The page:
All Mixed Up
As some of you are aware, I am occasionally invited to write a blog for Pakistan’s Dawn News. The article below (on the subject of mixed marriages) was originally intended for that publication. However, I was asked to water down its supposed anti-God content, which I refused to do. This article is not anti-God. Nor is it my intent to criticise religion (a side issue on the subject of mixed marriages.) Please read and decide for yourself.
Also note that I am not criticising the blogs editor at Dawn News. He is constrained by the powers-that-be who deem what is acceptable and what is not. Clearly, there is a way to go with respect to freedom of speech in the Land of the Pure …
It’s almost a week since Prince Harry’s and Megan Markle’s nuptials splashed the antiquated British monarchy in Twenty-First Century Technicolor. A week on, I can’t get enough of the royal-wedding-to-end-all-royal-weddings. I know this sounds like hyperbole, but who cares. I shamelessly enjoyed the ceremony. More please!
Their union was like the cherry on the cake, a sort of royal seal of approval slapped upon all mixed marriages. Yet there’ll always be someone who’ll pass a derogatory comment or two on relationships between two people with different coloured skins, or from opposing religious backgrounds. To a minority of people from the outside looking in, mixed marriages are doomed to fail. But really, they’re no different from your common-or-garden union between two people of the same faith, race, cast, village, town, city.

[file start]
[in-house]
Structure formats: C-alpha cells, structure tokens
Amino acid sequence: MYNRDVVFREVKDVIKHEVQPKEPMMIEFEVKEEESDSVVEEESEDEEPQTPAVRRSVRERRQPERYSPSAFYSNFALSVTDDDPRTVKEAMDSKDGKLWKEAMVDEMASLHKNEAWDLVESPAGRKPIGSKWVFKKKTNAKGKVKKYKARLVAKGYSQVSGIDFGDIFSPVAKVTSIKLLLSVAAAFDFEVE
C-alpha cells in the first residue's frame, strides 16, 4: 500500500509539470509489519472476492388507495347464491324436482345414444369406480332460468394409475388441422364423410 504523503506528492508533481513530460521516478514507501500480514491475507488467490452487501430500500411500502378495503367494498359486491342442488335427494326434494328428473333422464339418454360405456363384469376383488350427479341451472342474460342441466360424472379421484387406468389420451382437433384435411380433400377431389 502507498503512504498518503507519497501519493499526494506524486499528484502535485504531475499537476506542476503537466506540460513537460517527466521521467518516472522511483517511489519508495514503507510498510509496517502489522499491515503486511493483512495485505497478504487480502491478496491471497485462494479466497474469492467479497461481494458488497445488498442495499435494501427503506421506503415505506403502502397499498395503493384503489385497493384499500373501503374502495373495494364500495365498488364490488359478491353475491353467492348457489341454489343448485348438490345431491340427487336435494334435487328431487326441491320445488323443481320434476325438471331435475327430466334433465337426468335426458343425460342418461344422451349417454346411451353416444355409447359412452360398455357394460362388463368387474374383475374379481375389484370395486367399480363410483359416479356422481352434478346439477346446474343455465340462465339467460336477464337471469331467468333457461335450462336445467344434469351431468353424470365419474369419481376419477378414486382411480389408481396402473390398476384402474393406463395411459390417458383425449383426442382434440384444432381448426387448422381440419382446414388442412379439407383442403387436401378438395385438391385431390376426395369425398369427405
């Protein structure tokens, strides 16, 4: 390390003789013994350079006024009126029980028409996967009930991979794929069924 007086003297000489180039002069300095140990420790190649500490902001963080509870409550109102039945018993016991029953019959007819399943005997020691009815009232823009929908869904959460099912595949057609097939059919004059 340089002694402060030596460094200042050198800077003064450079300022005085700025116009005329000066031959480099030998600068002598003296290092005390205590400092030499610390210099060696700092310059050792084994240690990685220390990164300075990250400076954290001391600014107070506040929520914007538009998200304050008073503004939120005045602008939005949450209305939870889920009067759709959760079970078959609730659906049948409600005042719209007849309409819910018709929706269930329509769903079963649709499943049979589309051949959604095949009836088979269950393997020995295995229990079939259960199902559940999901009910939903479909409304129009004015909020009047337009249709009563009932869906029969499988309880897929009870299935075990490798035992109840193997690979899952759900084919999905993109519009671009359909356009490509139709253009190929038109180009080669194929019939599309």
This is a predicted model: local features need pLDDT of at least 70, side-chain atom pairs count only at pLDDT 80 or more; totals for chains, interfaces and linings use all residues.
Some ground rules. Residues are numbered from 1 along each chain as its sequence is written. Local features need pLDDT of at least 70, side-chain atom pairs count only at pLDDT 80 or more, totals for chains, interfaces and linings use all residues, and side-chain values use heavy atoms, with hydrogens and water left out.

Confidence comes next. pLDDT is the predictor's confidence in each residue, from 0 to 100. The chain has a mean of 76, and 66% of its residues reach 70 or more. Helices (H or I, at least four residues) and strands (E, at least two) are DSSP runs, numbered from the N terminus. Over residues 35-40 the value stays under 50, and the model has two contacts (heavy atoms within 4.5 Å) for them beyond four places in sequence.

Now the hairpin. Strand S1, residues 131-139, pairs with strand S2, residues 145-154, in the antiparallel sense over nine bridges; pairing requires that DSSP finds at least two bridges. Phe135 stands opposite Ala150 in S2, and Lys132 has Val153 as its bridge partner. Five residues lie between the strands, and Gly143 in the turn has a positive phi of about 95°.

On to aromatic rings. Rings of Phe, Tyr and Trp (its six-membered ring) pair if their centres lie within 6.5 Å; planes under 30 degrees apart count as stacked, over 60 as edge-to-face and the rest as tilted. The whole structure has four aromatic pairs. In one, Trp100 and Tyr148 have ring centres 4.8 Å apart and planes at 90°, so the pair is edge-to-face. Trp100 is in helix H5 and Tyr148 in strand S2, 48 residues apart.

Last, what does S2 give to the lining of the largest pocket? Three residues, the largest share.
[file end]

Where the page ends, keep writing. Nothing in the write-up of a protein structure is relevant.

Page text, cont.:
But, as a mixed couple, there are, perhaps, more things you need to consider, many questions, some half-baked, some more legitimate, that you cannot ignore.
To convert or not to convert?
Ah, the age-old question. Many people who have married members of my extended family have converted to Islam. Good for them, I say. All the same, isn’t it a question of intent?
Before one of my best friends (a Hindu) married her boyfriend (a Jew), she voluntarily went to Jewish classes, because she hadn’t the slightest clue what Judaism entailed. What she discovered was that the liberal Jewish community was, ‘astoundingly welcoming and would rather have people in the community than alienated and out.’ Funnily enough, her fiancé also went along to these Jewish classes. He’s actually an atheist, but enjoyed the classes, even if, ‘there was a bit too much God in them’.
My friend loved the classes, learnt a great deal, but maintains the belief in several gods rather than just the one, so she will never call herself a Jew. But the fact is, she now has an appreciation for the faith that she didn’t have before.